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federal investigators been able to speak with more of your patients? >> believe it or not, if i'm that giving a report like now, i'm with a patient. so i have no time to speak with federal investigators yet. >> you said there were four. what were you referring to? four amputees? >> exactly. >> are all four of them -- >> yes. >> and the other two in that -- [ inaudible ]. >> they have stepsive wounds and burns. so most of these patients suffered burns, too, from the explosive power of the bomb. and they have extensive wounds from the shrapnel and the metallic objects that tore their skin. >> you mentioned the -- inaudible what types of injuries are you seeing? >> mostly this was for ruptured tim panic memorand iic memorand.
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was there any other breen? >> that was the reason we send them across to them. we haven't heard feedback in terms of how many have sustain eardrum ruptures. >> in regard to the critical patients, can you walk us through the next 24 hours or so? what are the medical milestones and how lung they're out of the woods? >> the most important thing is hemo dynamic stability. we will be looking for the next few hours, to have all the patients have stable blood pressures and heart beats. to not lose any blood any further. and then obviously for those that are still intoo baited. to now be extu bated. >> you're just listening to an update on the victims being treated at mass general hospital. let's turn back to the investigation and talk to jim walsh, an international security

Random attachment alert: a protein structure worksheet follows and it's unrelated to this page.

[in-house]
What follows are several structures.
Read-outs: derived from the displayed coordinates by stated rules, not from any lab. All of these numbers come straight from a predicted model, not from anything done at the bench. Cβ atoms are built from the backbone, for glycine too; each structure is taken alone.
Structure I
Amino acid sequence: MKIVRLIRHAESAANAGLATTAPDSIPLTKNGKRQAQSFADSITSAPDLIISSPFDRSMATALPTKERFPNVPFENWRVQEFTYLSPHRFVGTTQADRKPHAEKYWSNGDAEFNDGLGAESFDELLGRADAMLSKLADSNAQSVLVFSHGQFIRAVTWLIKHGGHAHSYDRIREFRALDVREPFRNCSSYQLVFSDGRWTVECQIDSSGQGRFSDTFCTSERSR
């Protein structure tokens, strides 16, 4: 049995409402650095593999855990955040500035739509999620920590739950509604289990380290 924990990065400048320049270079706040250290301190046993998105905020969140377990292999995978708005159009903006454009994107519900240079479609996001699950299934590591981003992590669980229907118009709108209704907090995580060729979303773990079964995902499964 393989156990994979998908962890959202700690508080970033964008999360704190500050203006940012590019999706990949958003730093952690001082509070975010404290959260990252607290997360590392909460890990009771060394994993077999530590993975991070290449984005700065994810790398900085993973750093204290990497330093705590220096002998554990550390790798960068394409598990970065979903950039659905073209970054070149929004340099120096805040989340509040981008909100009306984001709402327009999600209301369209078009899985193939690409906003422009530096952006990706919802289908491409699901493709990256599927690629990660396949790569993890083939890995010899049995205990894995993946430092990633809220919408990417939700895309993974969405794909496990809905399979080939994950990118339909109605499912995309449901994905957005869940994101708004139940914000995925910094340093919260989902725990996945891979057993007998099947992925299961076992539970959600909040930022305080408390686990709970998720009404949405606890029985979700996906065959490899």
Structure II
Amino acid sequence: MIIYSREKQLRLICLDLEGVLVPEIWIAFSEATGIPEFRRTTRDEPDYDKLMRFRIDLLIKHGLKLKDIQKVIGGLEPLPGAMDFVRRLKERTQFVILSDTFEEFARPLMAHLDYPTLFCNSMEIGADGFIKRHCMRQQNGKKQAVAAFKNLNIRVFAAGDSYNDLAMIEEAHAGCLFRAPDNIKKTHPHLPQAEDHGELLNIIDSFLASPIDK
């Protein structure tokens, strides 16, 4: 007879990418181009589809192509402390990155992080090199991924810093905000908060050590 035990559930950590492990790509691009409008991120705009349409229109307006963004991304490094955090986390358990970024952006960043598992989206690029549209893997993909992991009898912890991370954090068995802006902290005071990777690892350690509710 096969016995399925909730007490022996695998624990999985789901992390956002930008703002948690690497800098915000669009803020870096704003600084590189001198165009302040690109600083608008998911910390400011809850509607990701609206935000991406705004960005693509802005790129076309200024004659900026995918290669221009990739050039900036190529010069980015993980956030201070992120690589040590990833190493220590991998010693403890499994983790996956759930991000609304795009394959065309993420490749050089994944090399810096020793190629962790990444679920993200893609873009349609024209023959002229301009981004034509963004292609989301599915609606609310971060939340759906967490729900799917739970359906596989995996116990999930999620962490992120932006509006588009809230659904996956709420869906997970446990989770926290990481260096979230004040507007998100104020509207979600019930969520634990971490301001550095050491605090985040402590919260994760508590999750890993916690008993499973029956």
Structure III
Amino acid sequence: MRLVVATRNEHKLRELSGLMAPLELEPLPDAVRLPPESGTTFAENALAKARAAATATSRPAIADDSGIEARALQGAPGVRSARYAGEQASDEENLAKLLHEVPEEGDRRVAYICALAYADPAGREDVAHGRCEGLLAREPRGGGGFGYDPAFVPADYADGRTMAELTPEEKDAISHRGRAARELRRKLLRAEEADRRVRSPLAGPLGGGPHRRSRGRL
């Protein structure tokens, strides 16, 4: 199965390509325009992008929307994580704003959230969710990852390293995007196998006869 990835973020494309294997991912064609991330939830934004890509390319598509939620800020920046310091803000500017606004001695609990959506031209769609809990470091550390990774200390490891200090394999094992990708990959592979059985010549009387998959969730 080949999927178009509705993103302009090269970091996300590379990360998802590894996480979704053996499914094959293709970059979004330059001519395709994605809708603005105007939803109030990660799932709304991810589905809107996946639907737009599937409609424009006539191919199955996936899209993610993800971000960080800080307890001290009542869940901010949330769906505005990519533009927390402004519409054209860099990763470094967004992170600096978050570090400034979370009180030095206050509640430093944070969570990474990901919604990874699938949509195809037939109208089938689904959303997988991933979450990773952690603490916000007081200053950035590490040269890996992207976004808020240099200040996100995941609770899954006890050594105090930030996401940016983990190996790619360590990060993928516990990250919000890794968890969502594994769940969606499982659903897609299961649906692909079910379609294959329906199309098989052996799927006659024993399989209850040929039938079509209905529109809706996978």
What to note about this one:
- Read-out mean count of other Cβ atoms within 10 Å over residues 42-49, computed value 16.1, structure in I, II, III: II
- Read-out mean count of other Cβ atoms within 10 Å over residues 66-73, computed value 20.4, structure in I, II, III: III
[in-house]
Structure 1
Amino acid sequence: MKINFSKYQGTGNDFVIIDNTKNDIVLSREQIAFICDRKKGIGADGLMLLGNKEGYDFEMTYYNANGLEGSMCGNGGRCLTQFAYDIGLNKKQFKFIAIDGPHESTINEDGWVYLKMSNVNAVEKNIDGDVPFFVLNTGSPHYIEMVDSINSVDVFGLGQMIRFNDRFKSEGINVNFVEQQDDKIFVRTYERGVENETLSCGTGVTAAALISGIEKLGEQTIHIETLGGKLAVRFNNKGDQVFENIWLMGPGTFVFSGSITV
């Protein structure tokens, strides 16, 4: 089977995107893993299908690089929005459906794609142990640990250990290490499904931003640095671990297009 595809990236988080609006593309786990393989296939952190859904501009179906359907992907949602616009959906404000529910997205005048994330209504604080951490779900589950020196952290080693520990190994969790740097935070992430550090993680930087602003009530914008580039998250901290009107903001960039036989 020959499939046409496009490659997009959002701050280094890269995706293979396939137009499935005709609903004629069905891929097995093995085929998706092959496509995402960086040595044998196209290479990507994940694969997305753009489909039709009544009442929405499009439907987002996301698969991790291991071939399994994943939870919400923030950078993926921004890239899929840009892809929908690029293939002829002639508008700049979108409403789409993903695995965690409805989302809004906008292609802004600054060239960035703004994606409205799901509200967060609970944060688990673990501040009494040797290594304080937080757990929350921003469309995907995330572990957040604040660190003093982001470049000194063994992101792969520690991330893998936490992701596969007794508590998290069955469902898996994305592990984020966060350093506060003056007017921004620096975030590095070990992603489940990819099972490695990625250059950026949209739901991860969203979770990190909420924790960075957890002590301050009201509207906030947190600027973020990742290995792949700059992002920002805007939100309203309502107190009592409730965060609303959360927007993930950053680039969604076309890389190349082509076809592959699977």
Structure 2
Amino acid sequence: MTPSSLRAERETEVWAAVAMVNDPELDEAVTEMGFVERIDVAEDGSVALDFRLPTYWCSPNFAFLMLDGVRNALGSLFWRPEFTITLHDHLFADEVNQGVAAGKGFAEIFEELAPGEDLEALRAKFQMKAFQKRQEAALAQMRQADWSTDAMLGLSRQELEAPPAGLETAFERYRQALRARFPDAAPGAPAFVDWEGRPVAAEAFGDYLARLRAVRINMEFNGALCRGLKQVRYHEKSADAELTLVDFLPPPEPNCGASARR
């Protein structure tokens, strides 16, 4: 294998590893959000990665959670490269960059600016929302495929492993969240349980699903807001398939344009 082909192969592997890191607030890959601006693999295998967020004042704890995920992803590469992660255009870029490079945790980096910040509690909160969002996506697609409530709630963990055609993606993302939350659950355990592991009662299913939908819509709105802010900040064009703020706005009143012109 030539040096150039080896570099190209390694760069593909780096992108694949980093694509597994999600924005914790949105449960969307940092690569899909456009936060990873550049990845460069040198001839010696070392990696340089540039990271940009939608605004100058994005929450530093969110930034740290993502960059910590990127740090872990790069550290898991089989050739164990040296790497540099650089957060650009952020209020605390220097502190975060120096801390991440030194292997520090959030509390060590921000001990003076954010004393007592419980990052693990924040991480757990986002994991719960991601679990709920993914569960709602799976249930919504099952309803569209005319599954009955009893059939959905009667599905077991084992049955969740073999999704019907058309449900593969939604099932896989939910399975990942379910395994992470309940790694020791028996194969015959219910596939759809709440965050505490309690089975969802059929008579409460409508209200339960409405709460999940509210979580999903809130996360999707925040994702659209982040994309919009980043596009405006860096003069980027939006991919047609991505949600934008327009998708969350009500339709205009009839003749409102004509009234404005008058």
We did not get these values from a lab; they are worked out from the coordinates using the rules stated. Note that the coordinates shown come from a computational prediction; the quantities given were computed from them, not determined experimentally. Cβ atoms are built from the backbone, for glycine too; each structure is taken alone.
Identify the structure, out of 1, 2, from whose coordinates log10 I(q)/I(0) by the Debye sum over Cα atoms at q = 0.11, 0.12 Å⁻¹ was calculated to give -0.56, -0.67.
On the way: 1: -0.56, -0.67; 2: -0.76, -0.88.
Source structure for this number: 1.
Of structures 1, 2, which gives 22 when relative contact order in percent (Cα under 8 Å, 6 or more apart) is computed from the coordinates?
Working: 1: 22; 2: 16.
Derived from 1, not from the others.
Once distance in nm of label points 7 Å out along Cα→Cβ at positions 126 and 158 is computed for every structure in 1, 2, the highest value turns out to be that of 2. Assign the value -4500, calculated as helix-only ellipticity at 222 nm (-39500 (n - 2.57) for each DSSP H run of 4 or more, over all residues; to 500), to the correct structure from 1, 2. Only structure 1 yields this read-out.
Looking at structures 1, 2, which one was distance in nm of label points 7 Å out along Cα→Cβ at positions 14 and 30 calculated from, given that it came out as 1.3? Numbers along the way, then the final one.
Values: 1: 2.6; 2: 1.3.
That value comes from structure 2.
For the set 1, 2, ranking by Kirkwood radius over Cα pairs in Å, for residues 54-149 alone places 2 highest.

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and terrorism expert at m.i.t. let's talk about law enforcement. what are they looking for now? how do they go about this investigation? take us through some of those steps? and within that, we have to start forming some theories. from what we know already, do you think that it is maybe an individual or probably a group and how do you go about figuring out, is this a foreign group or individual, or americans? >> yeah. those are big questions and there are a lot of them. let me start in the beginning and say in terms of the phase of the investigation, i think there are different parts and different parts of the government are handling different parts of the investigation. so obviously, the most important and immediate thing are those events and evidence that are near the attack. that are approximate to the attack. that includes the crime scene. that includes the material used in the bomb and the process of reconstructing what that bomb looked like. it is designed, the materials it used. the nature of the timer that was used. then there is a whole separate
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line of inquiry at surveillance video that might have been taken in the area. you remember yesterday, and pete referred to this at the top of the hour. that the boston police officials asked if anyone had taken pictures of video to please submit it to the authorities. one of the big differences, i was in front of a camera like this more than a decade ago when 9/11 happened. when we didn't have facebook and we didn't have iphones and camera phones. now, at an event like the boston marathon, you'd better believe that everyone is taking a picture. waiting for a loved one to come across the finish line or shooting video. so my guess is that there is a tremendous wealth of potentially valuable visual evidence that citizens themselves have and can make available to law enforcement. and the nsa and other intelligence organizations will be overseas. looking for chatter. going back through the records to see if there is something they missed. this is a full-court press on several different areas of the